A European Commission plan to apply an 'Ecolabel' to food and drink sold in the European Union is facing opposition from leading consumer, environment and industry groups.

A feasibility study designed to test the waters for a blanket Ecolabel on food and drink sold across the EU drew resistance from around half of the stakeholders questioned. Europe's main consumer body, the BEUC, the European Environmental Bureau, industry body FoodDrinkEurope and farmers' unions have lined up in opposition to the Ecolabel.

Such a strong alliance against the policy could prove difficult for the European Commission to overcome. In July 2008, the Ecolabel was devised for potential use within a range of consumer products sectors, from washing detergents to soft drinks, within the EU's Sustainable Consumption and Production Action Plan.

Earlier this year, the Commission began a feasibility study to gauge consumer and industry opinion on the move. The study, published late last month, found that, although several retailers and food processors are in favour of a front-of-pack Ecolabel on food, many umbrella trade bodies and civil society bodies are against it.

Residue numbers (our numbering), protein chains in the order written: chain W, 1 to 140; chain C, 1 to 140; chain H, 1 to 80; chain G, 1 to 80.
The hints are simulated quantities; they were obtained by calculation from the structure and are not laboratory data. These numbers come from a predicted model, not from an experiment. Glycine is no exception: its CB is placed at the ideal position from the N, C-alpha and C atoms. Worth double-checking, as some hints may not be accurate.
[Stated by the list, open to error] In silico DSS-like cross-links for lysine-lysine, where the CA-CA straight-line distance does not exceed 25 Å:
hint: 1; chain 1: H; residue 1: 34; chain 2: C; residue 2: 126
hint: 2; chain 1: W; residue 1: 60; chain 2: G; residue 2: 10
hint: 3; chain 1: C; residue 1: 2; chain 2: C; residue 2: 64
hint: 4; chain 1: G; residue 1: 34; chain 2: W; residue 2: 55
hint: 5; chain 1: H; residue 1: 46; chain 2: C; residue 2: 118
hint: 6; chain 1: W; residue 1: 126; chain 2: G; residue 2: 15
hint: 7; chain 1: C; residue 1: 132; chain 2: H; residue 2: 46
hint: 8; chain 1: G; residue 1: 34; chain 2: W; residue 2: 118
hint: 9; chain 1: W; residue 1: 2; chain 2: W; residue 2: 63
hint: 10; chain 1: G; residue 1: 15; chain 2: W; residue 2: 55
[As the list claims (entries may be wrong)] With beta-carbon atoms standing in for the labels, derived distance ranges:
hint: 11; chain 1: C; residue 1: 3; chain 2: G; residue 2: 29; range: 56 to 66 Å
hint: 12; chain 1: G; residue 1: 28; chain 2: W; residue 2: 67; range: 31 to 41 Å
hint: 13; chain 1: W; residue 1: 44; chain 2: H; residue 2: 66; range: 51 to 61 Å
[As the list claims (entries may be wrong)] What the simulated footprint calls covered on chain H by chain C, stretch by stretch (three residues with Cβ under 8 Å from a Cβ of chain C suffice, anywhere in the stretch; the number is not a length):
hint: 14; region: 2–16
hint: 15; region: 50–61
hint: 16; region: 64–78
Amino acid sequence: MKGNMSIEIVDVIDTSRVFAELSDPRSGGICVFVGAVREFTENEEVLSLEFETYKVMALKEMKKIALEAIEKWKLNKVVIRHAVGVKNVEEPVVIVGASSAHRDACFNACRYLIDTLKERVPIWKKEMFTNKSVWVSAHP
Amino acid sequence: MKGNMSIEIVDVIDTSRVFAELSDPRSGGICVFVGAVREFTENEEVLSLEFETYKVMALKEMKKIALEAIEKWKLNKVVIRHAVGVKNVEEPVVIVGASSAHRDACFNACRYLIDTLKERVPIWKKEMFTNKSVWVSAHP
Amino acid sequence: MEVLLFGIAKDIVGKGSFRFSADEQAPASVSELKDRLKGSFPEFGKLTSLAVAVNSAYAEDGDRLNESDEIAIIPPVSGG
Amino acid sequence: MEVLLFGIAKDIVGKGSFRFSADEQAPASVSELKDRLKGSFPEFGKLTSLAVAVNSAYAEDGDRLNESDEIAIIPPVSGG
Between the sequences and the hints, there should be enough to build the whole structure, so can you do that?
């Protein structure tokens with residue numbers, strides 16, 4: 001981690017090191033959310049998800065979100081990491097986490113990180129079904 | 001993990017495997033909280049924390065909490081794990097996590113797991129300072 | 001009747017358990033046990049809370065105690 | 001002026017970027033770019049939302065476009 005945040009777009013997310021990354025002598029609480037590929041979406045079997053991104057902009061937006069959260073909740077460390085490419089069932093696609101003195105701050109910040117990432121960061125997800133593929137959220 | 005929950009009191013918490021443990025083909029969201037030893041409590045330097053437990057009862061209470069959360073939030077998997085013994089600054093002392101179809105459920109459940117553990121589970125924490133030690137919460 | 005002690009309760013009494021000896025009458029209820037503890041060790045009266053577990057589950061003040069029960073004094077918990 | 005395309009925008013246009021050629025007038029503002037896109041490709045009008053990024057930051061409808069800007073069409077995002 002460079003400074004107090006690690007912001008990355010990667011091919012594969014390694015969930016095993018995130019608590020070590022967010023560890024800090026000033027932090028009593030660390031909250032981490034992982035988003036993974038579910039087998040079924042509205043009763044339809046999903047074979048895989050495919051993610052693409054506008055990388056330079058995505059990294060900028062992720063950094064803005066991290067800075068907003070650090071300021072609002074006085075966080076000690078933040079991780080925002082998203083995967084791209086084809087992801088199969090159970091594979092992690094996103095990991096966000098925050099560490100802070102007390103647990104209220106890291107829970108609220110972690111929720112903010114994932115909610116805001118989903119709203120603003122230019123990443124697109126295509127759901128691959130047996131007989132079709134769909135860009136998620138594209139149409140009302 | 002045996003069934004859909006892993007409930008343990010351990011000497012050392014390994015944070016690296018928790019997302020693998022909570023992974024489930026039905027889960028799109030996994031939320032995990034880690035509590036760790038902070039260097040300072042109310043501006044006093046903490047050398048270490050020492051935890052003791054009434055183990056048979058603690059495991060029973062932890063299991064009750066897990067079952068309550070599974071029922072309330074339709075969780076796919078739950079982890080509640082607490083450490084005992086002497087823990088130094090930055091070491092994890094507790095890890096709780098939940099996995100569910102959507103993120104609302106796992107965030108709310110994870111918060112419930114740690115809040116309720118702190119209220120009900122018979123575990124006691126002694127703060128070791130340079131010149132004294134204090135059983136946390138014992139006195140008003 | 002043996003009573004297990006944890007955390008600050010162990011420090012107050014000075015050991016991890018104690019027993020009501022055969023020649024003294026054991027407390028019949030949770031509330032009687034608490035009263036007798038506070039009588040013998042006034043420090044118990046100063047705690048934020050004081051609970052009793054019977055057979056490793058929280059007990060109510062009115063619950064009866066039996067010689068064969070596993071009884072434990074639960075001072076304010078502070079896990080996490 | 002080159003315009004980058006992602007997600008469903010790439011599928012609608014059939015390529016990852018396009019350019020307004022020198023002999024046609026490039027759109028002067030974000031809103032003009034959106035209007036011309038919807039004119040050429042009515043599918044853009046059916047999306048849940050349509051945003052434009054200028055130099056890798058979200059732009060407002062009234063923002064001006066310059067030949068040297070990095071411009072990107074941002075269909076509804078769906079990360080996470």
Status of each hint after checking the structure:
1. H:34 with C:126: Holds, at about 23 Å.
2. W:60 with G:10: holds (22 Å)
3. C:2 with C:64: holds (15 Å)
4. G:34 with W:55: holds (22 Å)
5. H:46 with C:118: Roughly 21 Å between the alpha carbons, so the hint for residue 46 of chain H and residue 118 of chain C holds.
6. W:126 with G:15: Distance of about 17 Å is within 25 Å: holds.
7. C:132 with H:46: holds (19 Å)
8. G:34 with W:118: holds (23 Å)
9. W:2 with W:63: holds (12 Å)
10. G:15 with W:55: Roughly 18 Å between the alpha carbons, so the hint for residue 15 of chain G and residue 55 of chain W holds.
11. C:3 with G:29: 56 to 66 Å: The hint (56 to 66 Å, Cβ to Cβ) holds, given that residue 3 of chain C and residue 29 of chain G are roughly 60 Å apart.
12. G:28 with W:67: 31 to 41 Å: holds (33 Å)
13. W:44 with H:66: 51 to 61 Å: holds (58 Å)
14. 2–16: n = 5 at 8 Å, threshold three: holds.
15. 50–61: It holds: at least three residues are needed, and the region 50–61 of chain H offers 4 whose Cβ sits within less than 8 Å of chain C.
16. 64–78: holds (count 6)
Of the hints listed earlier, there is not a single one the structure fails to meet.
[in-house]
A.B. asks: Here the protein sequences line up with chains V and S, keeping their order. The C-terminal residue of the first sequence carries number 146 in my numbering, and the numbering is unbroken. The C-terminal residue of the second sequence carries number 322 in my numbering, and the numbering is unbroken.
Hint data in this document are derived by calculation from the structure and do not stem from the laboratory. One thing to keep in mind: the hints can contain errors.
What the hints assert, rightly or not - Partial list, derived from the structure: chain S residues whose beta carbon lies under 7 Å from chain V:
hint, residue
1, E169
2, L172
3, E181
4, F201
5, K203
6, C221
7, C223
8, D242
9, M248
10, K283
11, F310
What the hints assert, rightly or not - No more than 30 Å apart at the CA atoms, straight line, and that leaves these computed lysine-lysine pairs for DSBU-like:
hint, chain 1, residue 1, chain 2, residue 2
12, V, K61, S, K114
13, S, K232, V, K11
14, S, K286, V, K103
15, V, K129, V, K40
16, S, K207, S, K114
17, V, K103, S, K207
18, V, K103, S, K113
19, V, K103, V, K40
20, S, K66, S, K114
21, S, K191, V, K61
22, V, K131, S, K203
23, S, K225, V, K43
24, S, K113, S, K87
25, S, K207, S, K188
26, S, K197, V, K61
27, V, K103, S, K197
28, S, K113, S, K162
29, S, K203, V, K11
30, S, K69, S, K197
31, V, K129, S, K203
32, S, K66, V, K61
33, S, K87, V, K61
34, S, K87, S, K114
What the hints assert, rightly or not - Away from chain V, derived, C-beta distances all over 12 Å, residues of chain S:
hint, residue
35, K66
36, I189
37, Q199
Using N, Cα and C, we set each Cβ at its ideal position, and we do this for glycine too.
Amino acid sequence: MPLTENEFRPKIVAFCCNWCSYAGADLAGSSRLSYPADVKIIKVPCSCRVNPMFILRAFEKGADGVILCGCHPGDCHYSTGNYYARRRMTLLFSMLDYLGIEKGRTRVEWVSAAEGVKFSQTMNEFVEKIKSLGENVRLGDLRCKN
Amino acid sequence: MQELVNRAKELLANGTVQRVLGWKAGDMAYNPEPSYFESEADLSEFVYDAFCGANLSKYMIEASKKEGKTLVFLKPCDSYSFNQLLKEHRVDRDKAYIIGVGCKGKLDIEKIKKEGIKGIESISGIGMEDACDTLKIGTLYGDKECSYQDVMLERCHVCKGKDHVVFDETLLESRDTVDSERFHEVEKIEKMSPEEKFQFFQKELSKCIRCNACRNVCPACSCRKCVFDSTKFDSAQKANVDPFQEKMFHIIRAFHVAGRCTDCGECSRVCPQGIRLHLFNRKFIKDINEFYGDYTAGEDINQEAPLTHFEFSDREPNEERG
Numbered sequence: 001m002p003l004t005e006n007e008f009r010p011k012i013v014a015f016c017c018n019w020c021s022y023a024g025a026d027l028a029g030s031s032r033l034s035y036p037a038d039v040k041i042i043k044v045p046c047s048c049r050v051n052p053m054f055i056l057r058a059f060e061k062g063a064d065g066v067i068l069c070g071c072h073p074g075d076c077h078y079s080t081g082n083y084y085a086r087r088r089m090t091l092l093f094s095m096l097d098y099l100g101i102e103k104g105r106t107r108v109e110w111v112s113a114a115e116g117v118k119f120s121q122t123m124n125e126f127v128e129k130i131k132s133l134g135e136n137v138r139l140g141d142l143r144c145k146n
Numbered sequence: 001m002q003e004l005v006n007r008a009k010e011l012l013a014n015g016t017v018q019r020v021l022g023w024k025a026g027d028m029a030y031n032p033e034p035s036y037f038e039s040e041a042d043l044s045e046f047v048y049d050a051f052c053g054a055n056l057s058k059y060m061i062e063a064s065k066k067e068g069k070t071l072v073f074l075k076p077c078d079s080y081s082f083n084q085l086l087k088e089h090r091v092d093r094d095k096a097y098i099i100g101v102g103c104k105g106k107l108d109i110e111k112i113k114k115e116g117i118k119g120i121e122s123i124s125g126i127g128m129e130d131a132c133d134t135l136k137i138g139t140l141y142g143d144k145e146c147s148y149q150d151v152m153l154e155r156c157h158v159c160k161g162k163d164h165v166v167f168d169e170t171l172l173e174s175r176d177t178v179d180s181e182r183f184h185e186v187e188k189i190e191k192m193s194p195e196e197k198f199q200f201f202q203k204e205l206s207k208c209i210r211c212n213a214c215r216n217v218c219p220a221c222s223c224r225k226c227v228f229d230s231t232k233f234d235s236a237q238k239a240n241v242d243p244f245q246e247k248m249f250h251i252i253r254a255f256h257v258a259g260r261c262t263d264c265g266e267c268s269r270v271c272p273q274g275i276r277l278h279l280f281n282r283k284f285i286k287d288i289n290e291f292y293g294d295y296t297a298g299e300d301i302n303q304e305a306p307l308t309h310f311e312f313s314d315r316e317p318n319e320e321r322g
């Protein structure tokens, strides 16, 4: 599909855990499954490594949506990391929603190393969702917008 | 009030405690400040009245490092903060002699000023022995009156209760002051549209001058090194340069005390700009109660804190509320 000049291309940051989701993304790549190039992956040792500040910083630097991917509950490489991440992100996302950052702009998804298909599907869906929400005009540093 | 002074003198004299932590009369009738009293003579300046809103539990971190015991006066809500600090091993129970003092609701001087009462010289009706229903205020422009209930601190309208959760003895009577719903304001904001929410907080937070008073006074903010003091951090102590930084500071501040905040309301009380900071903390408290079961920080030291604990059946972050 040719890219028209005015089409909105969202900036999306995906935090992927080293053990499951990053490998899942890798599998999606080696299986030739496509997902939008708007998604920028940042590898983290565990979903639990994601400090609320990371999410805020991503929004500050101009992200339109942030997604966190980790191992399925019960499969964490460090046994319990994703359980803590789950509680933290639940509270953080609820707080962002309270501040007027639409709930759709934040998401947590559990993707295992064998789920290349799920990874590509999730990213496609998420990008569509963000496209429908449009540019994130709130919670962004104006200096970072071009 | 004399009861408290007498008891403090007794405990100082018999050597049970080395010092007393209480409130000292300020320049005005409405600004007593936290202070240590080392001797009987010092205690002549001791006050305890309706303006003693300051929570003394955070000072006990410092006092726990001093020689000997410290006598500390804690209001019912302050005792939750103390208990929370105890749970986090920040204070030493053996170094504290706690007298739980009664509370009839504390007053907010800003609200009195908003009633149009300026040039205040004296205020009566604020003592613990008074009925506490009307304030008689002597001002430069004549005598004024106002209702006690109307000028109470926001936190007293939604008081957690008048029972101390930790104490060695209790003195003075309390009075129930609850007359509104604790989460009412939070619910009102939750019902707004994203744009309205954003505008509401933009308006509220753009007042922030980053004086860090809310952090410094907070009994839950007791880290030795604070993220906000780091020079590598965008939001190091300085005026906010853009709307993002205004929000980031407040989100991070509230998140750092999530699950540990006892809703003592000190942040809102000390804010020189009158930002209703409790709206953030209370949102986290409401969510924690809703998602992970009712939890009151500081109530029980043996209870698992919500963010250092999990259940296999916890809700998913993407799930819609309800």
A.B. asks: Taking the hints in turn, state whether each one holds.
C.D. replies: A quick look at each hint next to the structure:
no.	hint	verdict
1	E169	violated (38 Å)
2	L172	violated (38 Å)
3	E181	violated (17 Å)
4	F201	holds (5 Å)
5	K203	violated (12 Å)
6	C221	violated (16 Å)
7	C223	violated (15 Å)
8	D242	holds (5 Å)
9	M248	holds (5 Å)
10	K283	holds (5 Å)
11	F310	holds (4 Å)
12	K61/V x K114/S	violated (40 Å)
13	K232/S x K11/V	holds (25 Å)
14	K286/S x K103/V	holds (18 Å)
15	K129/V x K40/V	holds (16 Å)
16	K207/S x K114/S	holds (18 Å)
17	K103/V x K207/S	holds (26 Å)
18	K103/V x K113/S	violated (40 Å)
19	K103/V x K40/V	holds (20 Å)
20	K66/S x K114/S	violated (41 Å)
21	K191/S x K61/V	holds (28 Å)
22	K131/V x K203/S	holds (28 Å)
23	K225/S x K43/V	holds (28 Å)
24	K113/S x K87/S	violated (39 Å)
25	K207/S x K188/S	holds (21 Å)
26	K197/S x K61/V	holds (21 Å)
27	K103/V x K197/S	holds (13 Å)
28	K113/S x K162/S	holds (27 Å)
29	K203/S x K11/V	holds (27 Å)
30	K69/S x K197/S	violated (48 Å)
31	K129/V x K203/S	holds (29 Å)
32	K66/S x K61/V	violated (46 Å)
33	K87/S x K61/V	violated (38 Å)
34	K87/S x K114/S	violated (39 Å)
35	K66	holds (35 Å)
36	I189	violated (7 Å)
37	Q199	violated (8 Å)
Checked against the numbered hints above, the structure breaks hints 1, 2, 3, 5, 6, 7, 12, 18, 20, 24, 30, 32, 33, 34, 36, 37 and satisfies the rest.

"Their reasons varied but mainly concerned the expected consumer confusion of an EU Ecolabel with organic labels and resulting adverse effects on the credibility of the organic label and its market share," the Commission said.

"We found that there was no scenario for which there was strong support," it added.

It said that implementing the label would be complex and potentially costly, with each product category posing unique challenges in terms of monitoring environmental impact and related factors, such as worker and animal welfare. Consumers would also need to be educated on the meaning of the Ecolabel.

However, the Commission did identify a gap that the Ecolabel could fill, particularly for processed food and drink. 

"Even though environmental impacts may vary between product categories and lifecycle stages, most labels currently only concentrate on the environmental impacts of primary production and not, or only to a limited extent, the processing lifecycle stage," it said.

Sectors that could most easily trial the Ecolabel are dairy, bread, soft drinks and processed fish, it added.

For the EU feasibility study, click here.

For BEUC and Environment Bureau opinion, click here.

For FoodDrinkEurope (trade body) opinion, click here.